Caryl Brahms, an astute critic and a funny writer, said that characters in Chekhov always harked back to their beginnings but learnt no lesson from their past; they were content to sit around the samovar and talk.
This observation, while partly true, discounts the sense you also get in the best productions of life draining away from a ship-wrecked crew who are nonetheless clinging to the raft.
So although Uncle Vanya can’t do very much about his predicament, there’s a comic energy about his resistance to it, summed up in the great scene at Chichester where Roger Allam enters with a bunch of autumn roses to find their intended recipient in the arms of the doctor.
And then, when the professor, who’s married to the unobtainable, languorous Yelena, declares he’s about to sell the estate that Uncle Vanya has loyally managed for him for years, he explodes like a cork in a medicine bottle: and he can’t even succeed at attempted murder.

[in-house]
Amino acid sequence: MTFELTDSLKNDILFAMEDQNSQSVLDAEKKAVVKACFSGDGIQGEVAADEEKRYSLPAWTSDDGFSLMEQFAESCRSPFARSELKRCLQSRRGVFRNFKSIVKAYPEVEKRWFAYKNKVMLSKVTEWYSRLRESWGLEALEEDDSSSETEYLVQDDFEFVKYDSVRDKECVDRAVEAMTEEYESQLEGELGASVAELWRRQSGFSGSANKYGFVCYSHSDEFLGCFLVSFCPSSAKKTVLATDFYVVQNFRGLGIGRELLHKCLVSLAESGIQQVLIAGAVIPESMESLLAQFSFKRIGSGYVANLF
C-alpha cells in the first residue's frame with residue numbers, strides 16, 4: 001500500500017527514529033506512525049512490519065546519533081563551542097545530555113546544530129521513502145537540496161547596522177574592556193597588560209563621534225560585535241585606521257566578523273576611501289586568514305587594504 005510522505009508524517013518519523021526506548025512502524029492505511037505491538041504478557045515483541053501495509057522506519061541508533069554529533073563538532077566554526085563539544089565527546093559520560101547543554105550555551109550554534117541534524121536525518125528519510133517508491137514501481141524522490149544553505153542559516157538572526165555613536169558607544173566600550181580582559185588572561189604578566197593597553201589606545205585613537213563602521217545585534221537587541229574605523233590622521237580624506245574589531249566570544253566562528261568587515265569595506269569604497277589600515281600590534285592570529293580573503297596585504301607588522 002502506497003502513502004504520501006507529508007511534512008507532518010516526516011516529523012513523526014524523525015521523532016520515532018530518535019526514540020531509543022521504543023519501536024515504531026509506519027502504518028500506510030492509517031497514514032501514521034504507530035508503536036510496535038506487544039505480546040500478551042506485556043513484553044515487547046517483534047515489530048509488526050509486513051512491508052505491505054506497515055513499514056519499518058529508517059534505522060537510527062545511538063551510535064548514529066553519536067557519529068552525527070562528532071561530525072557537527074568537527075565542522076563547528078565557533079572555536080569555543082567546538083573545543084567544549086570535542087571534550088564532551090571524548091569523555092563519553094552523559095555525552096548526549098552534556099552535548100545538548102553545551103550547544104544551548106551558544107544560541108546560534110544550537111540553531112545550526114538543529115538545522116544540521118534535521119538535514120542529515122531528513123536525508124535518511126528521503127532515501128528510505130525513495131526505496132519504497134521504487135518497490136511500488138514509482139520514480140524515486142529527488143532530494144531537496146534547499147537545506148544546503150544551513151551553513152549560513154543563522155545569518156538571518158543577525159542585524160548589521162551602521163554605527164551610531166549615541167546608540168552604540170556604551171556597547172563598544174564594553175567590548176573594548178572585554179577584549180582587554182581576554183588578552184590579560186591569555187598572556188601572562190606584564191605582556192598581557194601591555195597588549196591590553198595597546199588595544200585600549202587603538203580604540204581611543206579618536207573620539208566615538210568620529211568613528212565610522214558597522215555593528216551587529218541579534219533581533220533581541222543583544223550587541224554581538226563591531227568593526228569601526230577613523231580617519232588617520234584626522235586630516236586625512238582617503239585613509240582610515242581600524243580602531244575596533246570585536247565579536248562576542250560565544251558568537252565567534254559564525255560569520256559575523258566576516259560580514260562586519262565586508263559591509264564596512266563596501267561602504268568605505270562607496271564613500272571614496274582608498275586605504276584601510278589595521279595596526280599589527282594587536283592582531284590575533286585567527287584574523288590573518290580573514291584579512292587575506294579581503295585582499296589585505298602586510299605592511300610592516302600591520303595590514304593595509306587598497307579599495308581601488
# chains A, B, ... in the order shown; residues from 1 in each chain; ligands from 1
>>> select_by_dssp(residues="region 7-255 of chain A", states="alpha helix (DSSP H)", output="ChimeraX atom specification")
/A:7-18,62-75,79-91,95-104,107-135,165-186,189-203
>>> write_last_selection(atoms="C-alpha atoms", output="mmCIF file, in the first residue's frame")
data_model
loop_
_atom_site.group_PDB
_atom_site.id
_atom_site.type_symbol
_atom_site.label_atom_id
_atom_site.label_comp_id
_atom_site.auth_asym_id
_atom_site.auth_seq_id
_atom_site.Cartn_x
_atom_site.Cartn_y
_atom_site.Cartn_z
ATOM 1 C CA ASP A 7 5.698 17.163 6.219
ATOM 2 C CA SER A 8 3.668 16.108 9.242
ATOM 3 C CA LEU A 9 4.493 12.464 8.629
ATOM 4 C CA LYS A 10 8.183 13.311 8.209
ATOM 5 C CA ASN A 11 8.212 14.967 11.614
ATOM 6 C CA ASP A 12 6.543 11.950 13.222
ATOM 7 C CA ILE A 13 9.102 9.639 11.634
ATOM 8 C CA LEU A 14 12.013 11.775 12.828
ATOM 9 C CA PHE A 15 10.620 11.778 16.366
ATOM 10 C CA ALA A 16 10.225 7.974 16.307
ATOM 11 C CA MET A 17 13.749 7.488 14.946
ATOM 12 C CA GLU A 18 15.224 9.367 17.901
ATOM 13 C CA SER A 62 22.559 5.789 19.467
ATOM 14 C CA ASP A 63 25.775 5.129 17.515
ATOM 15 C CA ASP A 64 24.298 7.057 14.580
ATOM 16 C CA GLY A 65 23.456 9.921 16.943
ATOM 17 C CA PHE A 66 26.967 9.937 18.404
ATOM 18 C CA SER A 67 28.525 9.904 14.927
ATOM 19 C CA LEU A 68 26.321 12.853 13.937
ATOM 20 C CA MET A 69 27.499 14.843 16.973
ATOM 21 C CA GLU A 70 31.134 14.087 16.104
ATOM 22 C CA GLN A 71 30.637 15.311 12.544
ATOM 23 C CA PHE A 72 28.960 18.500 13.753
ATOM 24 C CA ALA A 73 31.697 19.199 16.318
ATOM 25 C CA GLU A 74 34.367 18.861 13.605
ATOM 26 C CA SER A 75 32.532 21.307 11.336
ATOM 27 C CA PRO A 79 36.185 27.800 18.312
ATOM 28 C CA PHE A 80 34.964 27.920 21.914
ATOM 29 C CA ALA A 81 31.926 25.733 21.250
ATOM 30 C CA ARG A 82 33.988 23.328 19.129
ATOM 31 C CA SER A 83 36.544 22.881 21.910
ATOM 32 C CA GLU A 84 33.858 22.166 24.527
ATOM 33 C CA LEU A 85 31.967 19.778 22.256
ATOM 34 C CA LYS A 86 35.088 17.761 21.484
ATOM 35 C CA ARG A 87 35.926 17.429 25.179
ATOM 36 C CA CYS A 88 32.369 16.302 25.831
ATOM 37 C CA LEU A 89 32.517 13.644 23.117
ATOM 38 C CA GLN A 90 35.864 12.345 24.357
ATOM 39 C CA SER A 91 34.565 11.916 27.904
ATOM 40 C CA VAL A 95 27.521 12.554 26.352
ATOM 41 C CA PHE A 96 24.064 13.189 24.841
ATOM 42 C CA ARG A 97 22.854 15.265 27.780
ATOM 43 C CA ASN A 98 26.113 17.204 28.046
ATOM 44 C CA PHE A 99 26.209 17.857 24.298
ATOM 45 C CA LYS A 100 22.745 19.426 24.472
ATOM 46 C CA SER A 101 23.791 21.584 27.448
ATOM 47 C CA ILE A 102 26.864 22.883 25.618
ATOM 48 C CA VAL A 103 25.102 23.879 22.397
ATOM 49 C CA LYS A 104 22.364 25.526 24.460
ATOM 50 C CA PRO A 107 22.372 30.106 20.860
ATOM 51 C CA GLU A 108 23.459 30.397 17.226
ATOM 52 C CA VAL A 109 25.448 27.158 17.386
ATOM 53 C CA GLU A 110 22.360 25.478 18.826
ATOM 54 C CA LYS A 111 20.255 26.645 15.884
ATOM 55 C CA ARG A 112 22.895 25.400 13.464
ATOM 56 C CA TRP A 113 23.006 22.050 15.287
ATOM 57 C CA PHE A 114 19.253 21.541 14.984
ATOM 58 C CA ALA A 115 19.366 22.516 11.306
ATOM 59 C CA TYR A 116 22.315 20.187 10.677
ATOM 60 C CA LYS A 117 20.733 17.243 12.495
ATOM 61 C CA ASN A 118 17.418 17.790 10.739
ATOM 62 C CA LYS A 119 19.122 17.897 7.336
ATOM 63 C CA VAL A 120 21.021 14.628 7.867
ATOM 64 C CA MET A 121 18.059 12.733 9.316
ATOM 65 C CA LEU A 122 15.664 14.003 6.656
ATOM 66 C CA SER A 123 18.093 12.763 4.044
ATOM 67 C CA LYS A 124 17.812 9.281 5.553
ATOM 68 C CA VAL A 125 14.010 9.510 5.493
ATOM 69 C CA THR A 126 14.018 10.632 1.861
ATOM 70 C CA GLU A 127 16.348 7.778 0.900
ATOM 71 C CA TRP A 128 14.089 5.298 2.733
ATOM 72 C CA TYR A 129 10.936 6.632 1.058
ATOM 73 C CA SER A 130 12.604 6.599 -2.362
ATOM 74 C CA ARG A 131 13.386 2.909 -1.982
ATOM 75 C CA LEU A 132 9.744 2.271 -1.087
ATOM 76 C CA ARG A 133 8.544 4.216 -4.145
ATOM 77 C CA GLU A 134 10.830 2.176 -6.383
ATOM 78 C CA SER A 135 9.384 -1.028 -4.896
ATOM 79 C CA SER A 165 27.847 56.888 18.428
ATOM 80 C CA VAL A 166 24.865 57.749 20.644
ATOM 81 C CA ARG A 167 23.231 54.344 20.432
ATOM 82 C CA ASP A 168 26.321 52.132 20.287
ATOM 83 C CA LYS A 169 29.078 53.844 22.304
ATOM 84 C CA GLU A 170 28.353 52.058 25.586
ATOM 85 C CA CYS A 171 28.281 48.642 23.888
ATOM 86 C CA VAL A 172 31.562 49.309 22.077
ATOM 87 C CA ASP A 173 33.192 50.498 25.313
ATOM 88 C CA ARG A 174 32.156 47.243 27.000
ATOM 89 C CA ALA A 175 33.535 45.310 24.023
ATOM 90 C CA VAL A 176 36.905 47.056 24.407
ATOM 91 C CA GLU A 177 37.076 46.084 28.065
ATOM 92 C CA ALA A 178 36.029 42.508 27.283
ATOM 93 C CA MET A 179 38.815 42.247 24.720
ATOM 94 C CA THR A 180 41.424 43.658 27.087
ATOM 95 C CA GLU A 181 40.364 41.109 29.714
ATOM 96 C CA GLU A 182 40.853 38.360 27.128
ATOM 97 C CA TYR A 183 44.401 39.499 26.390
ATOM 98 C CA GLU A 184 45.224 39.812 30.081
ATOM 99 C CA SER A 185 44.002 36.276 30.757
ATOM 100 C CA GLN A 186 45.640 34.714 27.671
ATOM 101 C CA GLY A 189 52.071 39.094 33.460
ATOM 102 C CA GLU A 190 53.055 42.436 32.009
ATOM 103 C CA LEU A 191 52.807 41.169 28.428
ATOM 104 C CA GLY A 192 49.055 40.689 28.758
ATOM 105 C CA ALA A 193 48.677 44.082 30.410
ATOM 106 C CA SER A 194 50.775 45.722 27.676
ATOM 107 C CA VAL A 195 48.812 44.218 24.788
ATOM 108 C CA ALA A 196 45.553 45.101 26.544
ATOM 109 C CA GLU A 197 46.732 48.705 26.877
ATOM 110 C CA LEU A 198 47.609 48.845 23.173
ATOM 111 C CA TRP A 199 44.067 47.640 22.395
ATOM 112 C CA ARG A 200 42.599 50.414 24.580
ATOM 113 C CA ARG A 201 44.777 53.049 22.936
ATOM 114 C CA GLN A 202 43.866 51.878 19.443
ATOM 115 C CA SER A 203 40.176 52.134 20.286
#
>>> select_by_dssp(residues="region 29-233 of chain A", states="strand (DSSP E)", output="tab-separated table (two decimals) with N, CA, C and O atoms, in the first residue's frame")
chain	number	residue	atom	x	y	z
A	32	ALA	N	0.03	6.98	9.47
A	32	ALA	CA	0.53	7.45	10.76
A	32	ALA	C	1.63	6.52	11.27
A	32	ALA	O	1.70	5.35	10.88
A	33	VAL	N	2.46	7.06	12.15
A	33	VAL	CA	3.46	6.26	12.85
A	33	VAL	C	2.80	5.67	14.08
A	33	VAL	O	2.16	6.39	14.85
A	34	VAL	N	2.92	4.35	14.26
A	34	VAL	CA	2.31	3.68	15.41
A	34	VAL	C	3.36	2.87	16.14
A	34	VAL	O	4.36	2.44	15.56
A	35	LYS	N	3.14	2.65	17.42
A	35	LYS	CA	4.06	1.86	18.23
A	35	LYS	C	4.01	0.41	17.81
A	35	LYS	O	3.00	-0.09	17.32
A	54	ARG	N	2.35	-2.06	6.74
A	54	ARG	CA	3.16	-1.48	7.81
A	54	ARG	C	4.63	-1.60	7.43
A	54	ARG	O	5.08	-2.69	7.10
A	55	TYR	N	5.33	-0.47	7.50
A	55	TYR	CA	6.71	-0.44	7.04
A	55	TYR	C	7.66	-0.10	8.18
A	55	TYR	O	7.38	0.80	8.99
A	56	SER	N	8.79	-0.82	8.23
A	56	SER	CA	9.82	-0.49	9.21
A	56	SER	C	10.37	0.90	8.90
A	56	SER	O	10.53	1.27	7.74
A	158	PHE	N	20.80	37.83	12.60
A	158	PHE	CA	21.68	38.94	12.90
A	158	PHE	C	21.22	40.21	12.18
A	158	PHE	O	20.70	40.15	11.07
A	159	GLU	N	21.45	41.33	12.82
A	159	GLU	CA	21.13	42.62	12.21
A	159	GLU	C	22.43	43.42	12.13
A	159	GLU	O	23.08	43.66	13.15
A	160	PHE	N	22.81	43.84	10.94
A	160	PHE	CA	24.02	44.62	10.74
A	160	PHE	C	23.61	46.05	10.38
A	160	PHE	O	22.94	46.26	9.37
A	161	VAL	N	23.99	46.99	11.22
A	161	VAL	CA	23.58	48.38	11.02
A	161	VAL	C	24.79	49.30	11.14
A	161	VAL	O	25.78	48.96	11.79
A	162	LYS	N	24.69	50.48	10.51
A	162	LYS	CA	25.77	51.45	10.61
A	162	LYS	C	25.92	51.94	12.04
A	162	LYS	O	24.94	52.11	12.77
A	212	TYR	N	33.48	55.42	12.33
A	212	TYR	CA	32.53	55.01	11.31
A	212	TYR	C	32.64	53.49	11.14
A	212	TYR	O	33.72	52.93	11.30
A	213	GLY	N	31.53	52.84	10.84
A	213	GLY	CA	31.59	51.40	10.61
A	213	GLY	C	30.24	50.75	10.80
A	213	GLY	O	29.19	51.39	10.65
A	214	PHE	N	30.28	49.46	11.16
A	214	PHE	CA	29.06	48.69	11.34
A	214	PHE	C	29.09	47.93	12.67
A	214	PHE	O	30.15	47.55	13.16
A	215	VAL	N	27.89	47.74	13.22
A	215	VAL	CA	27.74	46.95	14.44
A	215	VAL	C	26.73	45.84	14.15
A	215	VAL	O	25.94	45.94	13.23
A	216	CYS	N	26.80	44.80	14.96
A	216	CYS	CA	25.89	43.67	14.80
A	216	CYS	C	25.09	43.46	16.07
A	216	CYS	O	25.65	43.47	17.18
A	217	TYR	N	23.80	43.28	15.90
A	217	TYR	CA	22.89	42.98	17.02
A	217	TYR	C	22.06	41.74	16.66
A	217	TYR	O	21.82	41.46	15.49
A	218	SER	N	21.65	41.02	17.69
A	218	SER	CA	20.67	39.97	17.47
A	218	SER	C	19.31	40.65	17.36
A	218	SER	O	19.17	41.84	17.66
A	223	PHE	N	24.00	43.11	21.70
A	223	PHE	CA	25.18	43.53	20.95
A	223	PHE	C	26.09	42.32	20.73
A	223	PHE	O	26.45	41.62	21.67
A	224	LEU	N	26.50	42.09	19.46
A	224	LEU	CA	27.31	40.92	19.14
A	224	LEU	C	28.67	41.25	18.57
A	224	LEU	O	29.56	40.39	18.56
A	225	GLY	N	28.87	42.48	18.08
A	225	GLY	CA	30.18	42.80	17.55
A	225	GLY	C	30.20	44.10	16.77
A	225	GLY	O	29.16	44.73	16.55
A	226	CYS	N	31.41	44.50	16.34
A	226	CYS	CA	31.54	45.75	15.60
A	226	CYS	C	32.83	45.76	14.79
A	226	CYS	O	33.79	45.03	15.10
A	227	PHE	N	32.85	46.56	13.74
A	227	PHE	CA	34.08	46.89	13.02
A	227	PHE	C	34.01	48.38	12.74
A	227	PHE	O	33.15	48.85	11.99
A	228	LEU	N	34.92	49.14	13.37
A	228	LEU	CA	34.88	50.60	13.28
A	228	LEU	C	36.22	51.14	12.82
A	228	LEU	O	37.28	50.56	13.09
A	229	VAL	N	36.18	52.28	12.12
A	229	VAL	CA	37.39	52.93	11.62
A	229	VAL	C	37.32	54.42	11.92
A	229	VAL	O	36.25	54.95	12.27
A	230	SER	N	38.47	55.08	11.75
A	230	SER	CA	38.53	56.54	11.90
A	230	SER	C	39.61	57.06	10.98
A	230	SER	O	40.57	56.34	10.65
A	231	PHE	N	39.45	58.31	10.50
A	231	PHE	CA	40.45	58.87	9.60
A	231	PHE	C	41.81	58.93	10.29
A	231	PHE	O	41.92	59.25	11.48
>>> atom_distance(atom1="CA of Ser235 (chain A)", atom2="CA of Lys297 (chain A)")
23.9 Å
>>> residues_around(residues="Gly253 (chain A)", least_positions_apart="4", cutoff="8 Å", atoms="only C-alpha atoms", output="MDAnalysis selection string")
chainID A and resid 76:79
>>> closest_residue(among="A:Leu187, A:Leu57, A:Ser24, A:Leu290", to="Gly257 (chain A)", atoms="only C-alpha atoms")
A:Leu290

Allam hits these marks with a wonderful ferocity that completely upturns the idea of Chekhovian rural indolence spreading everywhere and bathing the audience in a warm glow. The doctor, Astrov (Alexander Hanson), has been defeated by his work but still believes in saving the forests and stopping the ecological rot.
That’s one way in which Uncle Vanya still strikes us as a marvellously modern play, and Michael Frayn’s superb translation (which he prepared long ago for Michael Gambon’s Vanya) takes care of the humour, idiosyncrasy and humanity in the text.
Jeremy Herrin’s small-scale Chichester production, though, which marks the opening of the theatre’s fiftieth anniversary season, is curiously unexciting, certainly when compared to the current version starring Iain Glen and Charlotte Emmerson at the Print Room in Westbourne Grove.
Beyond Allam’s Vanya and Hanson’s swaggering but not sufficiently exhausted Astrov, the performance is efficient rather than revelatory. Timothy West’s professor is much more mild-mannered than he speaks, fussily referring to a notebook when revealing his cataclysmic plans, and Lara Pulver as Yelena is not really a young siren of sexual magnetism and languor; she’s more of a society salon beauty.
Similarly, whereas Charlotte Emmerson’s Sonya at the Print Room makes good-heartedness positively dynamic, Dervla Kirwan is content to sit still among the eddies and ebbing of the others. Maggie Steed is oddly fidgety as Vanya’s mother, while Anthony O’Donnell as Telegin and Maggie McCarthy as the old nurse fill in the gaps with a well-practised subservience.
To 5 May (01243 781312)
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